People who are looking to make money in real estate often enter the investment sector through flipping houses. Although this is technically a legitimate practice, there have been many instances of real estate fraud connected with house flipping.
Flipping Houses Defined
One of the most familiar versions of flipping houses is when a person purchases a home at a reduced price, then improves the home and sells it to another buyer for a substantial profit. Where do buyers find homes to flip? Homes are offered at reduced prices for quick sale in several instances:
- Foreclosure as a result of the owner not making mortgage payments
- Foreclosure as a result of the owner not paying real estate taxes
- A home in need of major repairs
- Sellers needing a quick "out," such as with a divorce or death of a spouse
This list does not include all the instances which may result in a home being sold below the market value (or potential market value), but it is obvious that a person seeking homes to buy for the purposes of flipping houses may encounter emotional sellers.
The idea of purchasing a home, fixing it up, and then selling it at a substantial profit may seem like an appealing way to generate income, but the truth of the matter is that fixing up houses with the intention of selling them for a profit is tedious work. The houses would not be sold at such a reduced rate if a simple coat of paint was sufficient to make the home presentable. Oftentimes, these are homes which require major repairs. Some investors do all the repairs themselves, while others contract the work out to professionals. Either way, the investor must examine if the cost of the repairs makes the purchase of the home worth the expense.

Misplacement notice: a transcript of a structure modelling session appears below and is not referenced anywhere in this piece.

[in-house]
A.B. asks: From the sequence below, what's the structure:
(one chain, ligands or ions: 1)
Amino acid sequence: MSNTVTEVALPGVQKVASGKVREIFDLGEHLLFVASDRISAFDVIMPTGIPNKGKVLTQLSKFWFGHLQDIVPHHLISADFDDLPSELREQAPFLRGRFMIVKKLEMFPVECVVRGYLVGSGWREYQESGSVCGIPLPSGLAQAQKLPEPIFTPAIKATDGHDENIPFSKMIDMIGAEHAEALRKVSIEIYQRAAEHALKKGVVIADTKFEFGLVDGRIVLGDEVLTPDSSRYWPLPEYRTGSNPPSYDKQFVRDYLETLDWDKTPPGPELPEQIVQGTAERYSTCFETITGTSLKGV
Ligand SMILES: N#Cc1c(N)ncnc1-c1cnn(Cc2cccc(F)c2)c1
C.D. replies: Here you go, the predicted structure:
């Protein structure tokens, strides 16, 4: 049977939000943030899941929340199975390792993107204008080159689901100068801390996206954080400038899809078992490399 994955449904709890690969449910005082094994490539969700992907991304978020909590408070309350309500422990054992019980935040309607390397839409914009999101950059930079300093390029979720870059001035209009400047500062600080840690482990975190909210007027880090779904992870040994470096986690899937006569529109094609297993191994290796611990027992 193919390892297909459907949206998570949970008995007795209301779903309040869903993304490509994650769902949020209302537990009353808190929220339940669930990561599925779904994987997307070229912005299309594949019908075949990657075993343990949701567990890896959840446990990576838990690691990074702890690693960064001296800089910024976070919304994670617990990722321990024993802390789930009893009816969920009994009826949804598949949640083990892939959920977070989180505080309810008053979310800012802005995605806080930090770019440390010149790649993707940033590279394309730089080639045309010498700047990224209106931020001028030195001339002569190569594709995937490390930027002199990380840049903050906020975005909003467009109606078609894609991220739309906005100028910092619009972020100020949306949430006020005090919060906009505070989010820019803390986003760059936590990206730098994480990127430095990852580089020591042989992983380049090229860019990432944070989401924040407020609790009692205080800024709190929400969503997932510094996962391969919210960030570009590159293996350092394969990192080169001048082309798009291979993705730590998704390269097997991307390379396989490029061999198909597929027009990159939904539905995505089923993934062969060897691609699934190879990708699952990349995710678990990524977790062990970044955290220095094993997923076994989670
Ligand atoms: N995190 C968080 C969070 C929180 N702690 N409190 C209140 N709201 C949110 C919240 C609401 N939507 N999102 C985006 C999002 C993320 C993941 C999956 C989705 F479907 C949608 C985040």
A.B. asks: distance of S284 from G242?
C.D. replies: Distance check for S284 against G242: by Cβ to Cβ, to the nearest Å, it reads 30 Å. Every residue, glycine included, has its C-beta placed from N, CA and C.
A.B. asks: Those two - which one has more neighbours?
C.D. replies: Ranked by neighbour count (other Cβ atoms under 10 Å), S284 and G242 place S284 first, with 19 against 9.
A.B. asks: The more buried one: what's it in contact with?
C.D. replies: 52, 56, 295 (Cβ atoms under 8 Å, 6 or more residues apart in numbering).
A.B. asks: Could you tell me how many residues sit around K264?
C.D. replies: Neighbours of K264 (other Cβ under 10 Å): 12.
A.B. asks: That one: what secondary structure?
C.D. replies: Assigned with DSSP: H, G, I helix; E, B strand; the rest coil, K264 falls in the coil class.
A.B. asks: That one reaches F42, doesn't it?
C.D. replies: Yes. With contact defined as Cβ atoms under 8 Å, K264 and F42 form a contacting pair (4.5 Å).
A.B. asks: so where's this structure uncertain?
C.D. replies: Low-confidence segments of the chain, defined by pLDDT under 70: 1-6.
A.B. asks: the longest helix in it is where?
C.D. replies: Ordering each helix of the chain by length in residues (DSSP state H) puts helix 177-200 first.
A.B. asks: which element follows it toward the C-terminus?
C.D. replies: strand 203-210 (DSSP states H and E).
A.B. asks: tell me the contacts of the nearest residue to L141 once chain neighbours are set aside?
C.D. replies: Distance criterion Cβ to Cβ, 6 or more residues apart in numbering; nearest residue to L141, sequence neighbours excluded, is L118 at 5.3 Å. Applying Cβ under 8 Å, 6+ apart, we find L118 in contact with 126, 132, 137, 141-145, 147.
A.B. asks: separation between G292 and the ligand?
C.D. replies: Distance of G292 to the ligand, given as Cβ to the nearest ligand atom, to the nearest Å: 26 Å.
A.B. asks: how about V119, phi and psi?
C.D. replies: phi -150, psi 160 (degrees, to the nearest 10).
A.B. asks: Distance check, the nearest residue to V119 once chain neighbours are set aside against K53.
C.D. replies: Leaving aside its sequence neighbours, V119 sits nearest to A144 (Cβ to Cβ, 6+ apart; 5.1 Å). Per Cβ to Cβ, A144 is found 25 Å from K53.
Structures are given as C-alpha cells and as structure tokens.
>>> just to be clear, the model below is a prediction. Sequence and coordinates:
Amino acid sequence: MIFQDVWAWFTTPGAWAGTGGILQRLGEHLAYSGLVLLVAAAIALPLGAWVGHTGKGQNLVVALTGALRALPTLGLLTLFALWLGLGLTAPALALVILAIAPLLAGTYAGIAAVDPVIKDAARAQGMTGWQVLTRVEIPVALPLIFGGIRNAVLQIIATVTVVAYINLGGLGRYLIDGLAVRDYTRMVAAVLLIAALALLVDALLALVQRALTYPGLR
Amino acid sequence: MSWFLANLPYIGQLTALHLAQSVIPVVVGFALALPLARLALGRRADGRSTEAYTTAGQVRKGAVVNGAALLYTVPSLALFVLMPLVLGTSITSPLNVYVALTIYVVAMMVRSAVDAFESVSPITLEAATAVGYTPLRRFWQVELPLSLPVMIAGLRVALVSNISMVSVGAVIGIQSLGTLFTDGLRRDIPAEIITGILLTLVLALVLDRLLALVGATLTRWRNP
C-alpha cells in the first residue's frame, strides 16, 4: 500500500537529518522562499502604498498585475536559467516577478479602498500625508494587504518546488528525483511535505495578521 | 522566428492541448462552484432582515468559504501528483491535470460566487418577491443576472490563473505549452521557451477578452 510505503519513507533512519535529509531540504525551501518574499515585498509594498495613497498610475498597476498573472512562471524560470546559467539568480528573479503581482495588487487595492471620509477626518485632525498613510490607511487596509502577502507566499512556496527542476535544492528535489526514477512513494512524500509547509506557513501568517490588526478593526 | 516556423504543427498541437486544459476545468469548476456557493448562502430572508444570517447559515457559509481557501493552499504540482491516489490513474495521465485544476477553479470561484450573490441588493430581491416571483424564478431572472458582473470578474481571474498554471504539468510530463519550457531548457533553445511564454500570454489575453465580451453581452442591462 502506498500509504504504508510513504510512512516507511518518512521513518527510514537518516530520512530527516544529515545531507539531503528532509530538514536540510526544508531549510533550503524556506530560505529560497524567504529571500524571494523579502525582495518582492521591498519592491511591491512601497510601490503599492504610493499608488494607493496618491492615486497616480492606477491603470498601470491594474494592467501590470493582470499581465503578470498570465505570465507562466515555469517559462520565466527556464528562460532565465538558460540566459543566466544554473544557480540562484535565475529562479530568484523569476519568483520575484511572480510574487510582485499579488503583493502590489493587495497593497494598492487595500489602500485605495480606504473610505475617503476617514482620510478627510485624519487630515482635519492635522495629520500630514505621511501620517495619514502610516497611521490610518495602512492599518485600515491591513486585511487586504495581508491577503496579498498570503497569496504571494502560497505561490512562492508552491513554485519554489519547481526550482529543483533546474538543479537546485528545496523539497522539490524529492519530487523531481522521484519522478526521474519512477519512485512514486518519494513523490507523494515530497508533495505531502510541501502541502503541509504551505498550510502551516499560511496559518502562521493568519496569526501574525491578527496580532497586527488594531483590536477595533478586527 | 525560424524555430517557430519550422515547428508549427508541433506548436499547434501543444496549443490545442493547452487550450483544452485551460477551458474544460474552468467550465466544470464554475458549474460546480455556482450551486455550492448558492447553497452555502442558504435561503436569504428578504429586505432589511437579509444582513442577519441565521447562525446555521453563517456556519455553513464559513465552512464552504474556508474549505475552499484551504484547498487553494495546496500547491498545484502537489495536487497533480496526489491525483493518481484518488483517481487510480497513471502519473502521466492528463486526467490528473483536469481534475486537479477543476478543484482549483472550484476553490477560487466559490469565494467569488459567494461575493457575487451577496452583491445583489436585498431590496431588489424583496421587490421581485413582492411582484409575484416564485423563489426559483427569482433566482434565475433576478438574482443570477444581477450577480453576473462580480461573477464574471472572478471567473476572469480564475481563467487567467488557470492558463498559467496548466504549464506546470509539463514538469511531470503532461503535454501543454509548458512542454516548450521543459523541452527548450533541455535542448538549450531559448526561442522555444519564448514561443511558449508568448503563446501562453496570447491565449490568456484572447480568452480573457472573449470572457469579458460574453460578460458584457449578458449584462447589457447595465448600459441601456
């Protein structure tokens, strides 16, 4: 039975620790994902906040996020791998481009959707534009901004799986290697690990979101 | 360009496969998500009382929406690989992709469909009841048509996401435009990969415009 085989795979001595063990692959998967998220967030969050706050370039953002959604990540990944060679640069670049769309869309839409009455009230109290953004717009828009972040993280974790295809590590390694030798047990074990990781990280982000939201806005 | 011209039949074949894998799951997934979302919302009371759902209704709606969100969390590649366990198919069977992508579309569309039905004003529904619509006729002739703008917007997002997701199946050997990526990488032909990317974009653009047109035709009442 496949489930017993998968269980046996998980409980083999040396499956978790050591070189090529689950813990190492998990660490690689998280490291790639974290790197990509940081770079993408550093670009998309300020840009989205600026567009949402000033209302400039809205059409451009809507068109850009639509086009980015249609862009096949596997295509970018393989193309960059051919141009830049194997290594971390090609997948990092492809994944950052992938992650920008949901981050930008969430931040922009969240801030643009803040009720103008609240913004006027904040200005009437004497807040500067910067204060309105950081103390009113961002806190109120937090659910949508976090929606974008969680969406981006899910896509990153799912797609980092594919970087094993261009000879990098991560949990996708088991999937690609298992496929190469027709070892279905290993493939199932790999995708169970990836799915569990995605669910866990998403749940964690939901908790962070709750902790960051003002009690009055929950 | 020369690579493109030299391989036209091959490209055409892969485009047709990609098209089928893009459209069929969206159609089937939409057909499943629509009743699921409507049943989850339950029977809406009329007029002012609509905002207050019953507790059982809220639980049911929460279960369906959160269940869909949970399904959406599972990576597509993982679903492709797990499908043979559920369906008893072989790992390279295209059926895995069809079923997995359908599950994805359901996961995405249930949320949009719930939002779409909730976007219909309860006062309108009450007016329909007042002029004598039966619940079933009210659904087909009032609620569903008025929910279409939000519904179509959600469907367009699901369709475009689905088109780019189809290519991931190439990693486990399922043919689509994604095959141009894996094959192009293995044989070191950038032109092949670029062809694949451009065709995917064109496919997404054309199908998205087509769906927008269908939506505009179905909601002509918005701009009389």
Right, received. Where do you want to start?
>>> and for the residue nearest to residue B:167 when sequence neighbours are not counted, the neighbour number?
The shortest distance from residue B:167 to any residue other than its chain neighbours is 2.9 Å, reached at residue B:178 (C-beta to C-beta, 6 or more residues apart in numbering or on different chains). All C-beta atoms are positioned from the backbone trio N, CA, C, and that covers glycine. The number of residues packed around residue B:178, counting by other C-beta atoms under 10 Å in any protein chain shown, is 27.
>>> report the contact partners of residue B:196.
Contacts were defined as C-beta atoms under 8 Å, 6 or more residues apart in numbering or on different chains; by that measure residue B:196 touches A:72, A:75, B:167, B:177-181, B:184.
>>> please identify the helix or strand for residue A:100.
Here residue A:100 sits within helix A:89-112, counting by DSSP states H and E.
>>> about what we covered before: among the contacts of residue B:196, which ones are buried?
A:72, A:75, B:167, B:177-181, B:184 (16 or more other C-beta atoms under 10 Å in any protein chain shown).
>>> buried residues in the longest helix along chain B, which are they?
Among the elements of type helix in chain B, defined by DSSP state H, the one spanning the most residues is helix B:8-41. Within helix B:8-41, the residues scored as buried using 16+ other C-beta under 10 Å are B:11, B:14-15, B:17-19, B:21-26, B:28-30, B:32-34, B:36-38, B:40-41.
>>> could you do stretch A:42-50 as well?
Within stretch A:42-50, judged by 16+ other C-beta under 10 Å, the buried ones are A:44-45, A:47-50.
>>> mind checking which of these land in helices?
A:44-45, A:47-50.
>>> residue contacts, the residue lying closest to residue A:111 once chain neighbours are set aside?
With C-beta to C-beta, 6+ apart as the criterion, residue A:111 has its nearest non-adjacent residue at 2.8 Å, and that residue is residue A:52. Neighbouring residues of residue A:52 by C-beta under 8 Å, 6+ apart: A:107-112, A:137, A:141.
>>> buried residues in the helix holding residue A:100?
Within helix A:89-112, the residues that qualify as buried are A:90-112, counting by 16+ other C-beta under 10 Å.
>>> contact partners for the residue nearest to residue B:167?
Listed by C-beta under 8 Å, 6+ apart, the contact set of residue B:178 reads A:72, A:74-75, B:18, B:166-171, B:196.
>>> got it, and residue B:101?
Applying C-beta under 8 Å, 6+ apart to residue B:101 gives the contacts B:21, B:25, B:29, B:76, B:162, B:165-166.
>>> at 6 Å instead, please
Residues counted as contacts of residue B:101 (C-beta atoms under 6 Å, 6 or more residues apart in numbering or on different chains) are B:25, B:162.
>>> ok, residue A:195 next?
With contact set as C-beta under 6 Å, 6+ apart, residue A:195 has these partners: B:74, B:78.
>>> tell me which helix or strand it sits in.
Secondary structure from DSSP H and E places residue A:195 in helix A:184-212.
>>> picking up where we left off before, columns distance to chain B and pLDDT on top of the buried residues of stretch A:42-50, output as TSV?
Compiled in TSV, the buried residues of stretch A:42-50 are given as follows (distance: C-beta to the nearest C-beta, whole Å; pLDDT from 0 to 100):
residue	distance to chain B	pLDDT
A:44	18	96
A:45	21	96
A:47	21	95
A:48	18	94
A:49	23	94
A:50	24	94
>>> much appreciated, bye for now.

When investors purchase a home which they intend to resell, they are not generally eligible for the same mortgage interest rates which are offered to people purchasing a home as a primary residence. Mortgage interest rates when flipping homes are often higher, and at less desirable terms than other mortgage loans. These loans are considered investment loans, and are therefore a riskier gamble for the mortgage lender. Investment loans have a higher rate of default than loans for primary residences, and consequently some lenders will not even offer mortgage investment loans. Investors may encounter:
- Higher interest rates
- Balloon payments or other unconventional financing
- Lengthy applications and paperwork
Some lenders specialize in investment properties, and these lenders may be able to offer more desirable interest rates and terms for flipping houses than a traditional bank or credit union can.
Bordering Illegal Action
Flipping houses is not illegal when done in the aforementioned manner: buy a home, fix it up, and then resell it for profit. The act of flipping houses becomes illegal when the investor works with the appraiser or any other involved person to inflate the value of the home at some point in an attempt to defraud a lender or buyer. Basically, when the investor is less-than honest at any point during the process, flipping houses begins to border on illegal.
The Bottom Line
Potential investors may get fired up and enthusiastic after watching a late-night infomercial about flipping houses, but the truth of the matter is that it can be hard work. It is true that there is a real potential for income from flipping homes, but the money does not roll in magically; real effort must be put forth.